Travis County DA-Elect José Garza Picks Primary Challenger To Lead Special Victims Unit
José Garza, Travis County's incoming district attorney, has picked his primary challenger in the March election to lead the office’s special victims unit. Attorney Erin Martinson will oversee cases involving sexual assault, domestic violence and child abuse.
“The criminal justice system in Travis County has repeatedly failed survivors. That ends today,” Martinson said in a statement. “Under José Garza’s leadership, we are going to build a justice system where victims are believed and treated with dignity and respect – starting from day one.”
For more than 20 years, Martinson has worked as an advocate for victims of violent crimes. She spent over a decade in the Travis County attorney’s office working in the Protective Order division, leading the department for a majority of her tenure. During that time, she traveled the state training other law enforcement professionals on how to implement trauma-informed approaches to victims in crisis.
In 2016, she was recruited by the nonprofit Texas Legal Services Center to run its statewide Crime Victims Program and worked there until she decided to run for Travis County district attorney last year.
Martinson says she did not know Garza before the DA race, but because both were running progressive campaigns, they supported each other throughout.
“While we were competitors, we really worked very well together because we both shared the same goals. I think we both gained a mutual respect for one another, and there was that comfort of having someone there in the fight with you.”
“While we were competitors, we really worked very well together because we both shared the same goals,” she told KUT. “I think we both gained a mutual respect for one another, and there was that comfort of having someone there in the fight with you.”
Garza said he chose Martinson for her decades-long experience working with victims. Throughout his campaign, he has said he wants to reform the way Travis County prosecutes sexual assault cases.
One way to do this, he said, is to create a more victim-centered approach, which involves reaching out to survivors of violent crimes, listening to their stories, and letting those experiences inform how the DA's office handles these prosecutions going forward.
“We should be clear that the task ahead of us is enormous,” Garza said. “There is no singular strategy. It’s going to require a multifaceted approach.”
Outgoing Travis County District Attorney Margaret Moore faced criticism over her handling of sexual assault cases by those who thought the office wasn’t prosecuting enough of these crimes.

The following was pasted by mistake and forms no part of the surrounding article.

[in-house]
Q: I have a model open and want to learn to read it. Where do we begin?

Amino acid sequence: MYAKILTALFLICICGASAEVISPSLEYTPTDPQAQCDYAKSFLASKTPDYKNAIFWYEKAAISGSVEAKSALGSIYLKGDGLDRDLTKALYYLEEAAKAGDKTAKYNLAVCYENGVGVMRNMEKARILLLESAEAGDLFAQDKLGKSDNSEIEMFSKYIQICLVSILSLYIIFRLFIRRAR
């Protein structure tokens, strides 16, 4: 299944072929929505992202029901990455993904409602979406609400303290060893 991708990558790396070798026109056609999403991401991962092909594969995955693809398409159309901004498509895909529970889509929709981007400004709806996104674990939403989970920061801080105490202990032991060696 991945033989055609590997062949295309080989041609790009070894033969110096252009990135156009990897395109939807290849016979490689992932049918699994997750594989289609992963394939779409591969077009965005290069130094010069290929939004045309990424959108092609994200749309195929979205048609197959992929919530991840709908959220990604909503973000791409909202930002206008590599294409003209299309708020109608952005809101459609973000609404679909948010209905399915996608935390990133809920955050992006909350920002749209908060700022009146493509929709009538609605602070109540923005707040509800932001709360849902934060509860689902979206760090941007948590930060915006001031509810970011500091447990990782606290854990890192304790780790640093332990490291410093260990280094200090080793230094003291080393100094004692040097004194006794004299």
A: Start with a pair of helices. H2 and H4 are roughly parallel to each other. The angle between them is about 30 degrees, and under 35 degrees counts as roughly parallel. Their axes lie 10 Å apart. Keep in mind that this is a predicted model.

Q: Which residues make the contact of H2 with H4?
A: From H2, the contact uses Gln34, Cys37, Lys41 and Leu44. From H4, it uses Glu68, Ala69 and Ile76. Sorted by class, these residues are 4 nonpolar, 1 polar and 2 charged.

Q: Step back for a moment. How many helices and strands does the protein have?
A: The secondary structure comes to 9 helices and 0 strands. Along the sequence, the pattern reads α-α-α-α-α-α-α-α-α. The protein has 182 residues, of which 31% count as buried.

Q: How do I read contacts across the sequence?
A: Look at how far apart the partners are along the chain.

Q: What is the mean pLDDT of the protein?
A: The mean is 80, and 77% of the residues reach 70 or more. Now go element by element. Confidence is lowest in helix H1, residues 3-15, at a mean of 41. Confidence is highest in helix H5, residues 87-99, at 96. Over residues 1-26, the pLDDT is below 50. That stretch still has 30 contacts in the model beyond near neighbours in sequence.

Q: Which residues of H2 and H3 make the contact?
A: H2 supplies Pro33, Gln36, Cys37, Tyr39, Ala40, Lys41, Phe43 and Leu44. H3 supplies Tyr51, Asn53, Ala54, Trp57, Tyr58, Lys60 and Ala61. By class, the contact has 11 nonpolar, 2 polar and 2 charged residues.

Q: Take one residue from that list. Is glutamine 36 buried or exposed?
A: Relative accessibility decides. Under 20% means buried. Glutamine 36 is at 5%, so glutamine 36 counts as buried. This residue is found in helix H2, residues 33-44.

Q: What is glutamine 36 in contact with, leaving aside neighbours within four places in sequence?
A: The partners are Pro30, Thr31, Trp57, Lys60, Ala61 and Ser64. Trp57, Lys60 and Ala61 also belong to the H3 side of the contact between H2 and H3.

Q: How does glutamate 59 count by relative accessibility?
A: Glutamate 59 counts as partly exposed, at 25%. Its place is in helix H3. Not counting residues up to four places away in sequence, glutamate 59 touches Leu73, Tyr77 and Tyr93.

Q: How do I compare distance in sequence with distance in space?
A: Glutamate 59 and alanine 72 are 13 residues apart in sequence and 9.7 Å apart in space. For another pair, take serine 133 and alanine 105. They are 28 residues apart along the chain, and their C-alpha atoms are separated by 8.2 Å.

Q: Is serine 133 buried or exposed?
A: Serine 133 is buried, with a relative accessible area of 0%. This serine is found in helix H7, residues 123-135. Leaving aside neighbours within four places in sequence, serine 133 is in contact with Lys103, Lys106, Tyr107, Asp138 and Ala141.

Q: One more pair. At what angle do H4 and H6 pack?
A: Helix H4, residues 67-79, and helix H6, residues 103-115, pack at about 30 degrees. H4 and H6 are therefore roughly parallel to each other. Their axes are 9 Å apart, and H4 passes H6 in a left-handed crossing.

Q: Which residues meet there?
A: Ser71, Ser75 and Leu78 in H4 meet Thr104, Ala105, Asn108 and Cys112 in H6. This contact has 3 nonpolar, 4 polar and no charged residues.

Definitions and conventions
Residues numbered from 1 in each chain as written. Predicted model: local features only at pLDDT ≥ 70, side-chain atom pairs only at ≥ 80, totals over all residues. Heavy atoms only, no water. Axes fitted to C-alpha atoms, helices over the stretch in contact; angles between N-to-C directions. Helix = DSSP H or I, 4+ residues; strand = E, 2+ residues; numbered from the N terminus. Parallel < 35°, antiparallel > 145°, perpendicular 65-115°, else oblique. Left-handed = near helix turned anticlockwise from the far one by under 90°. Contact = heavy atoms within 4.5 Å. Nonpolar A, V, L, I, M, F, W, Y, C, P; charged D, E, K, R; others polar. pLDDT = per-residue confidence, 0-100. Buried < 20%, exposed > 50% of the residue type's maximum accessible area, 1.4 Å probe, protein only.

Marina Garrett is a sexual assault survivor who has been publicly critical of the way the DA’s office handled her case. In 2018, she and other female victims filed a class-action lawsuit alleging the mishandling of rape cases in Austin-Travis County was due to gender discrimination. A federal judge dismissed the lawsuit in February, but attorneys for the victims have since appealed.
At a press conference Thursday, Garrett said she was encouraged by Garza’s choice to bring in Martinson.
“Erin has been a champion for survivors, sometimes against impossible odds,” she said. “She knows what it takes to build a justice system survivors can trust. Not only has she personally touched my life, she has of countless survivors across Travis County.”
Martinson has promised to return Travis County prosecutors to the Austin-Travis County Sexual Assault Response and Resource Team, or SARRT. The group, formed in 1992, brings together different stakeholders with the goal of improving the community response to sexual assault cases. In 2017, Moore broke away from the SARRT, saying she felt it wasn’t productive.
Martinson said community outreach is her top priority – and rejoining SARRT is a big part of that effort. She said she also plans to hire more victim advocates, because one of the needs most expressed by victims is regular updates on what's happening with their cases. Due to heavy workloads, prosecutors do not always have time to check in with victims.
“[The way] we can address that is by having trained advocates in the division who understand the support that’s needed,” Martinson told KUT.
She said her ultimate goal is to involve more victims in the process and let their experiences guide how she handles prosecutions – not the other way around. She said her background as a victim advocate gives her a unique ability to come to the job from the perspective of a survivor.
“In order to create a system that responds to victim's needs, we need to listen to them first,” she said. “And so, really focusing on centering the victims in this process rather than presuming to know what's in their best interest."
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